In recent years, parking enforcement officers and police on patrol have used cameras and software to scan license plates passing by. This is a tremendous improvement on the old method of looking up plates, which you can see on reruns of the TV cop show Adam-12. Officers used to mount "hot sheets," a printed list of license plate numbers, on their dash, complete with a reading lamp for night patrols. On the list were the plates of stolen or suspicious cars. Officers referenced it everywhere they drove.
Today a camera and a computer can look up all plates almost instantly while the officer, likely to be patrolling alone these days, keeps his or her eyes on the road. Automated License Plate Recognition (ALPR) systems consists of vehicle-mounted cameras that feed real-time images to a computer inside the vehicle.
The software can be set with flags to alert the officers when the cameras spot a vehicle for any number of reasons, including:
- Stolen vehicle
- Wanted for an Amber Alert
- Registration expired
- Insurance expired
Wanted as person of interest for any investigation
Captured license plates are cross-referenced with DMV records to match people to their vehicles, turning the ALPR systems into a way of surveilling the populace, not merely scanning for stolen cars. These systems can capture thousands of license plates per hour, and they never get tired; they never take a coffee break.
The convenience of automated scanning is undeniable, and naturally it has caught on from department to department. In addition to patrol cars, cameras are rapidly being mounted to road signs and traffic signals across the country.
And now, what started as an excellent law enforcement tool has gone private, and for a price.
Where You Drive Is Another Piece of Sellable Data
Even though 99% of the people captured into plate-reading databases are innocent per NBC News, there's money to be made recording who drives where and when. Data broker TLO offers clients a database of 1 billion records collected by license plate scanners. Your plate is one record, your model car another, your GPS location yet another.
Especially troubling is that photos of your whole car are collected as well and you might be identifiable in them. The NBC report told us that when Mike Katz-Lacabe requested public records pertaining to his license plate, he received 112 pictures, one of which showed him and his minor daughters exiting the vehicle in front of their home.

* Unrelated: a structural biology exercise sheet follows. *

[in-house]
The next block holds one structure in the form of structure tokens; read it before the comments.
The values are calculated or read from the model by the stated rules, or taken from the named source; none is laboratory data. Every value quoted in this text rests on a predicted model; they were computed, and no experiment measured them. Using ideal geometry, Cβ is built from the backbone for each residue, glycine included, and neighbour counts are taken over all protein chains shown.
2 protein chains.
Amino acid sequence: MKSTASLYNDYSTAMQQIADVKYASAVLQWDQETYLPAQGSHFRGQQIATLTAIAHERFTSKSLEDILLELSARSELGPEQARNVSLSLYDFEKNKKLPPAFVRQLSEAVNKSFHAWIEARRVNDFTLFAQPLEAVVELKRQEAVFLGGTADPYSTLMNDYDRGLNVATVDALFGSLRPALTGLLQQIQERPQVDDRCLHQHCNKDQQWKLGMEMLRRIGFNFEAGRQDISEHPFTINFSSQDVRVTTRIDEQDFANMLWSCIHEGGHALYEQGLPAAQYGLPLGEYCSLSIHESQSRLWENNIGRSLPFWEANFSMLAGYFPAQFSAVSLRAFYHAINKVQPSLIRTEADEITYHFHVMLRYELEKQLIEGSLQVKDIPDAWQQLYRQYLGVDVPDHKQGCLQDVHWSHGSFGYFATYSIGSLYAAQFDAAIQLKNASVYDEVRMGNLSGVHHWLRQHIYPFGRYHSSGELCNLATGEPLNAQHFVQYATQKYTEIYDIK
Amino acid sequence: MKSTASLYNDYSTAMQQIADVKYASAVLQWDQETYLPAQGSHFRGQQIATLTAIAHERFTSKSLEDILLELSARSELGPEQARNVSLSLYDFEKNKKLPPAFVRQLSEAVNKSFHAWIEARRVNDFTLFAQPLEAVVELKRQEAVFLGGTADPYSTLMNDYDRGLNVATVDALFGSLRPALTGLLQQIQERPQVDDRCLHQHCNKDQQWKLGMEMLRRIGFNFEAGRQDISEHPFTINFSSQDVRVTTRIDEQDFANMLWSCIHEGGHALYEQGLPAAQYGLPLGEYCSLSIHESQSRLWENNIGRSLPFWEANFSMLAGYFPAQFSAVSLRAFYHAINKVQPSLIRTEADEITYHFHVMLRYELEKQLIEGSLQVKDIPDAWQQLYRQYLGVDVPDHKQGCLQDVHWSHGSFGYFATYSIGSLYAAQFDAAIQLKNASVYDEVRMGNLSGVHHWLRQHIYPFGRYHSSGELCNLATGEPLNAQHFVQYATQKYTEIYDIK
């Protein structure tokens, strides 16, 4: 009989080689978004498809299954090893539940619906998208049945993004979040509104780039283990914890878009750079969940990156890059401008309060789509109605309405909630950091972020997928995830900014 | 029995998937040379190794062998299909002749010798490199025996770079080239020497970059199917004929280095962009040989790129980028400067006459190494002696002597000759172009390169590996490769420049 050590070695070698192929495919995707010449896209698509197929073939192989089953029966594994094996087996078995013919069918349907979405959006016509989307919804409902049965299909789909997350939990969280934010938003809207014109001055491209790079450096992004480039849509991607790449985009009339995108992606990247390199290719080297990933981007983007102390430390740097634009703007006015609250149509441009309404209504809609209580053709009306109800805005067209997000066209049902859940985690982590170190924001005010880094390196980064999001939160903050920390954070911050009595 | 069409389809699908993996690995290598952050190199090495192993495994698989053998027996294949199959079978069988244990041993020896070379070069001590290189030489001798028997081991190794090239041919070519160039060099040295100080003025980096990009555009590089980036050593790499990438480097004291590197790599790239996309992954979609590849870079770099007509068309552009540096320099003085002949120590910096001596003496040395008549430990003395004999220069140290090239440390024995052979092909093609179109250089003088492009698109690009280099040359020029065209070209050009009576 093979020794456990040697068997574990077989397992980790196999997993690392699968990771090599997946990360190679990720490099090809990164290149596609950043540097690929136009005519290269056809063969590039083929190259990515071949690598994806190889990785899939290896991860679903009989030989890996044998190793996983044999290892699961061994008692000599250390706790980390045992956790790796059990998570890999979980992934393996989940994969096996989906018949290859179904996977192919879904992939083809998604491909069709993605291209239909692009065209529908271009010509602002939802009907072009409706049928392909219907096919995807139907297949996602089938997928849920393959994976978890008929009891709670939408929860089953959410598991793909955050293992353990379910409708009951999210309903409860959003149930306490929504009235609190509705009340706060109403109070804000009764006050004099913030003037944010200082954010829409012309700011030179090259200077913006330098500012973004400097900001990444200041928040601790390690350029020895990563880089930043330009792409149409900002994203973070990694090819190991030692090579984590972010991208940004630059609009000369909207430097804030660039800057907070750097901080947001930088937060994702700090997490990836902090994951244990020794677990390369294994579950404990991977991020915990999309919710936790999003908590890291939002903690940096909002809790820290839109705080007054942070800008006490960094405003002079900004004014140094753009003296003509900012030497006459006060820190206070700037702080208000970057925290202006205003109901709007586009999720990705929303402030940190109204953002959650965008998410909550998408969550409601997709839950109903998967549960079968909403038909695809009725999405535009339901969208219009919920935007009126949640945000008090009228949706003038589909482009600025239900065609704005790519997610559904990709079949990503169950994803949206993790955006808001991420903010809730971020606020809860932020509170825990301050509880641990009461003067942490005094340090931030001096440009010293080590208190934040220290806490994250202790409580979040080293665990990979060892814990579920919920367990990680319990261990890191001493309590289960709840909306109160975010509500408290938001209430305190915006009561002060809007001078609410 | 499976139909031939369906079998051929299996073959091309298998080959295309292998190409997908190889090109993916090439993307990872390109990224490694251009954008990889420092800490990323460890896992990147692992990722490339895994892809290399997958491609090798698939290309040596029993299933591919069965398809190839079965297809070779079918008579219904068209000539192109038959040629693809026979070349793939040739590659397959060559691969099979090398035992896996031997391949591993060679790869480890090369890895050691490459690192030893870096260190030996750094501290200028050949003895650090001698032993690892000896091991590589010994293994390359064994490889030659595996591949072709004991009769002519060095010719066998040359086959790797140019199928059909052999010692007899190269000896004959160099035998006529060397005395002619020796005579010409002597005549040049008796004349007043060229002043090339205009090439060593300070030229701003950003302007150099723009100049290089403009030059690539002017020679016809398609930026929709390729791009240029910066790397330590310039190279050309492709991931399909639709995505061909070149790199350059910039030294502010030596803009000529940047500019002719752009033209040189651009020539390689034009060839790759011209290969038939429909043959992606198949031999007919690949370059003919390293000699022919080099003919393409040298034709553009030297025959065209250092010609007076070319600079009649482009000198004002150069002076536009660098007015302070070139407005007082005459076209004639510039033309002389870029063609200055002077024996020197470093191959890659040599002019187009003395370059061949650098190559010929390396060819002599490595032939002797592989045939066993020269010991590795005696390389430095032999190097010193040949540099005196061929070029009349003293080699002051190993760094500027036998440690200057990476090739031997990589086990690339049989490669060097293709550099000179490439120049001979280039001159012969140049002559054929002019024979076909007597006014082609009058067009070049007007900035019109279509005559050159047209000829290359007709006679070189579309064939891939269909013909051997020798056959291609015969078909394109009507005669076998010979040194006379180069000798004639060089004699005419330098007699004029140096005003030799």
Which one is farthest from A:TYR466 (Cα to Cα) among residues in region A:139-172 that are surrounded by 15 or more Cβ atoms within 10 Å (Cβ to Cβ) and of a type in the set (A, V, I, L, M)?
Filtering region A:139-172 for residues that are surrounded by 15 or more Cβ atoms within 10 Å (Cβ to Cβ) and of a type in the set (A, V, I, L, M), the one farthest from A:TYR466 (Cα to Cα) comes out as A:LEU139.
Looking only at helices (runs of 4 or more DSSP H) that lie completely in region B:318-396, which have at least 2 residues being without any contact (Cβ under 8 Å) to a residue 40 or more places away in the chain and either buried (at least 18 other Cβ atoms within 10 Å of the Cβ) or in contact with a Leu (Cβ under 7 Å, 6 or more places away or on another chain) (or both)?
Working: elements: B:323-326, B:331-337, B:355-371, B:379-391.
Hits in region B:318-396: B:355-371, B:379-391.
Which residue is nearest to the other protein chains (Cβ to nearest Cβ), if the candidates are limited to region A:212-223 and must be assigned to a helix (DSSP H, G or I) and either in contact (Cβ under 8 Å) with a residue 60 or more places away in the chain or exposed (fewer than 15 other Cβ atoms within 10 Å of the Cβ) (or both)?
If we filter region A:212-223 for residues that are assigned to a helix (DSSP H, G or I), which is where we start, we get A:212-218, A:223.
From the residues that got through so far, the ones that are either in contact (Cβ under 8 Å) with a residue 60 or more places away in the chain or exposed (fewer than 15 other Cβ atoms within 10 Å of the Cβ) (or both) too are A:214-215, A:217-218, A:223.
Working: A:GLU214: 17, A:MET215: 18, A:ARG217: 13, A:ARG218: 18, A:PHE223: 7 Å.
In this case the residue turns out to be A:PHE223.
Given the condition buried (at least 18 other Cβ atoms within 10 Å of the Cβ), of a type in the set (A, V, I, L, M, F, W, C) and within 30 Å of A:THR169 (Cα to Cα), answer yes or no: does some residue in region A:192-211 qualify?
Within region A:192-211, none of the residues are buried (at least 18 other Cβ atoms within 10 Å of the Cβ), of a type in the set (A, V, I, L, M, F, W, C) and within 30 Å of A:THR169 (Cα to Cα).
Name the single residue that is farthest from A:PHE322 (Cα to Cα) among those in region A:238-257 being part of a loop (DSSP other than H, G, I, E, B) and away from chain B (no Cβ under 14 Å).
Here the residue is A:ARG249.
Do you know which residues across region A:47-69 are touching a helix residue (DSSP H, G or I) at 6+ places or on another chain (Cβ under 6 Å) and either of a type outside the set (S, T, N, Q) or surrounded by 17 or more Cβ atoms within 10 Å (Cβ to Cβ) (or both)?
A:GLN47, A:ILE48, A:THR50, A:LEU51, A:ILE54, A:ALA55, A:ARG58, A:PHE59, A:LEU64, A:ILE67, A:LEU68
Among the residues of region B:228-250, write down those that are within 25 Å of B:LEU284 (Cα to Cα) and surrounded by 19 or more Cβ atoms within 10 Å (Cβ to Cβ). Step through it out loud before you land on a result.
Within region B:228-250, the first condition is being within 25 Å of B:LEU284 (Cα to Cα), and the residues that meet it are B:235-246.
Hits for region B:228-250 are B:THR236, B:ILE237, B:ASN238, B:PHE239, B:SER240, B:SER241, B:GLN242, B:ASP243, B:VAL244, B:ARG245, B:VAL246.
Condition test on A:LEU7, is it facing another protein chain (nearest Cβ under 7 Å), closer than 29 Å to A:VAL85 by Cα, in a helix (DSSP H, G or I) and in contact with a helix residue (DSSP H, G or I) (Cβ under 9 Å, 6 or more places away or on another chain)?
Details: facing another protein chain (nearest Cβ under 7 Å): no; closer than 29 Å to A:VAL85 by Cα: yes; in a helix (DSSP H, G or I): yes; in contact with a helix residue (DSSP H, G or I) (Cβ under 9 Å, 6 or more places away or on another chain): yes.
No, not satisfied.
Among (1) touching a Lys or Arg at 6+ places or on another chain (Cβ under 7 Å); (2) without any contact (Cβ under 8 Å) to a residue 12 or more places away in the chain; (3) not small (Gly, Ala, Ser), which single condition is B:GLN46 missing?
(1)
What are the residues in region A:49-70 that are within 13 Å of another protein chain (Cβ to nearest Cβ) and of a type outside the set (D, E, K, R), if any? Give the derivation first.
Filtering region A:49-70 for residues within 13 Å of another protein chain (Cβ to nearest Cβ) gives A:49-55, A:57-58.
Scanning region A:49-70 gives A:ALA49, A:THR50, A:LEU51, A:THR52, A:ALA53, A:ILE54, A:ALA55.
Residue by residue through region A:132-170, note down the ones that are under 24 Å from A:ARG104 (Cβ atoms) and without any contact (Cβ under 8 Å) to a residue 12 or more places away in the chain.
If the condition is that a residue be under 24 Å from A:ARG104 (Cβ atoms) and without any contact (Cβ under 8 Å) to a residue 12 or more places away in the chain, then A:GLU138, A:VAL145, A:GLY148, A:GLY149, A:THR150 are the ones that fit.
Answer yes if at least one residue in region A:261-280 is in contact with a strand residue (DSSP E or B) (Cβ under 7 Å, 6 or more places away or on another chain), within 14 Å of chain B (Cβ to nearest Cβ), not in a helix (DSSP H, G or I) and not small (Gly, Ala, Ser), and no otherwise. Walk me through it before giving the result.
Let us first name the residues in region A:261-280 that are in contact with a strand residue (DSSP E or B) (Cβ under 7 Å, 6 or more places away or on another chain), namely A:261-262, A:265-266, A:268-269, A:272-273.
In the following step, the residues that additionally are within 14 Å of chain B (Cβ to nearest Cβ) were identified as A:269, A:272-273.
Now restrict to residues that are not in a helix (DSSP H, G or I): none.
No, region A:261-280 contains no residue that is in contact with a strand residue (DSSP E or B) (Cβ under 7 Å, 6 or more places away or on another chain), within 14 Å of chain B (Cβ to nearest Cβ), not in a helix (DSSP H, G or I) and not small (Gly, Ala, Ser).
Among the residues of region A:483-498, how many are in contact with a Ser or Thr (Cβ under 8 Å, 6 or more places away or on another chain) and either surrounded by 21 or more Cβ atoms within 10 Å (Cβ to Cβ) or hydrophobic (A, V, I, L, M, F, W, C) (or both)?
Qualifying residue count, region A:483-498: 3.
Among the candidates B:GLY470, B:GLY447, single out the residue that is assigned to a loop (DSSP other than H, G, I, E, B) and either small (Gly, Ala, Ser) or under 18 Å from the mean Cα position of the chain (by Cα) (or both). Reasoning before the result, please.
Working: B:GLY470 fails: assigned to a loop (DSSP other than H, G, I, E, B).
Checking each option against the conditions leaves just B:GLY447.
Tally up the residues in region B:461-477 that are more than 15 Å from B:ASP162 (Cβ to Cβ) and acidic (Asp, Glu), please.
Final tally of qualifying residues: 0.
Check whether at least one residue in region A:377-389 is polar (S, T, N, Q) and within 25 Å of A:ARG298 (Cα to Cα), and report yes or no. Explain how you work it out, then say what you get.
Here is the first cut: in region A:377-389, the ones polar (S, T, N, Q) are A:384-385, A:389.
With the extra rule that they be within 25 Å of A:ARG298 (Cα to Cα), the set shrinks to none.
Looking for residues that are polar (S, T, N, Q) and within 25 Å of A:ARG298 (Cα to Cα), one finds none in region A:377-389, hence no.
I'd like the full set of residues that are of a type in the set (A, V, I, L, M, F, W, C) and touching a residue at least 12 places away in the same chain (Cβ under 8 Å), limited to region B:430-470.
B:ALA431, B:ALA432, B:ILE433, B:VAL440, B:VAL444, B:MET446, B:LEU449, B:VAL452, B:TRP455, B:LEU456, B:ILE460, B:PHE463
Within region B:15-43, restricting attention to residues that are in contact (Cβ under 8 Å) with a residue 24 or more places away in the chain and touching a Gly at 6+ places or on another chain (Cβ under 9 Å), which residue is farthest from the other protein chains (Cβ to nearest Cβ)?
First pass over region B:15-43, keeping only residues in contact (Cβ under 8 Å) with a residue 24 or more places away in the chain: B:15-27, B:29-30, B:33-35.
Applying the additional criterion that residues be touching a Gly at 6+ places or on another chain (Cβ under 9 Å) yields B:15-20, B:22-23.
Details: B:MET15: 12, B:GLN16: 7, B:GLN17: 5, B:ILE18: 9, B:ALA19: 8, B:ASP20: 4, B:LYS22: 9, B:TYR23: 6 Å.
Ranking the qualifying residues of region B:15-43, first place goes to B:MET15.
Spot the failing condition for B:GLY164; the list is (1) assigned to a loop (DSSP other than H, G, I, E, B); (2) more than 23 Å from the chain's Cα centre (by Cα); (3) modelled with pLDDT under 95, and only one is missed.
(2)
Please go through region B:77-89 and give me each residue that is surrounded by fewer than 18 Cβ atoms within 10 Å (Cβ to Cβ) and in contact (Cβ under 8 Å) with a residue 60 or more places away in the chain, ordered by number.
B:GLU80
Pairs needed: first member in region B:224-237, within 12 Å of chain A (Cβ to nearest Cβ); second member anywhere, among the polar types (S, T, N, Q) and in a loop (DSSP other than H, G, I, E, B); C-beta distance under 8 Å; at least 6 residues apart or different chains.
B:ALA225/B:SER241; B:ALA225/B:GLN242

Vehicle-surveillance companies have argued in court that they have a First Amendment right to photograph objects in public, and your car is an object in public. That they can blend this data with other personal data to increase its value before selling it to, say, political consultants or marketers in ways the public didn't expect does not, they argue, make taking the pictures illegal in the first place. And if they can take one picture legally, they can take a million.
Is Your Driving Information Protected in Any Way?
Attorneys and privacy advocates have been drawing attention to the slippery slope of ALPR for years, noting that data lives forever and could be accessed or bought for nefarious purposes. State legislatures have taken up the issue, such as by restricting the use of these systems to law enforcement, outlawing retention of the data past a certain time, or both.
At least 16 states have statutes that expressly address the use of ALPR and the data those systems collect. Here are some examples. In Arkansas, only law enforcement can use ALPR, and even then the data must be erased after 150 days. The California Highway Patrol must erase the data after 60 days, unless it is being used in a felony case. The most severe expiration date is imposed in New Hampshire, where photos can exist in ALPR systems for a mere three minutes unless they trigger a law enforcement flag.
“A Mancos, Colorado, marshal asked coworkers to run license plate checks for every white pickup truck they saw because his girlfriend was seeing a man who drove a white pickup, an investigative report shows.”
—Associated Press, "Across U.S., Police Officers Abuse Confidential Databases"
Keeping law-abiding citizens out of giant, ever-growing databases that track everywhere they drive is important because data that only the police can see today could escape into the wild tomorrow. When even major financial institutions (Equifax, CitiGroup, First American Financial Corp.) can't fully protect their data from theft, confidence is low that driver data can be kept for police eyes only. So it's good that some states require your info to be erased after a short period. Furthermore, California made it so that if ALPR data is breached, the affected individuals must be notified, same as with financial breaches.
Where This Leaves Us
"Whatever happened to privacy!" Well, when we are out in public, as the courts have repeatedly ruled, we have no privacy. Any person can snap a picture of your car parked outside a gentleman's club or a family planning clinic. But until recently, our chances of traveling undetected were high, so we didn’t worry about it. Nobody was trailing us; nobody cared enough about where we went to take our picture.
Today our chances of driving around undetected have shrunk tremendously—some would say our chances are nil. Technology makes it tantalizingly easy to collect data now and ask questions later. And technology is everywhere. Think about it: If the cameras on patrol cars and road signs don't record you, your phone knows everywhere you drive anyway. But we are not defenseless. We can keep passing and strengthening state laws that prevent law-abiding citizens from blanket surveillance.Search Anyone Free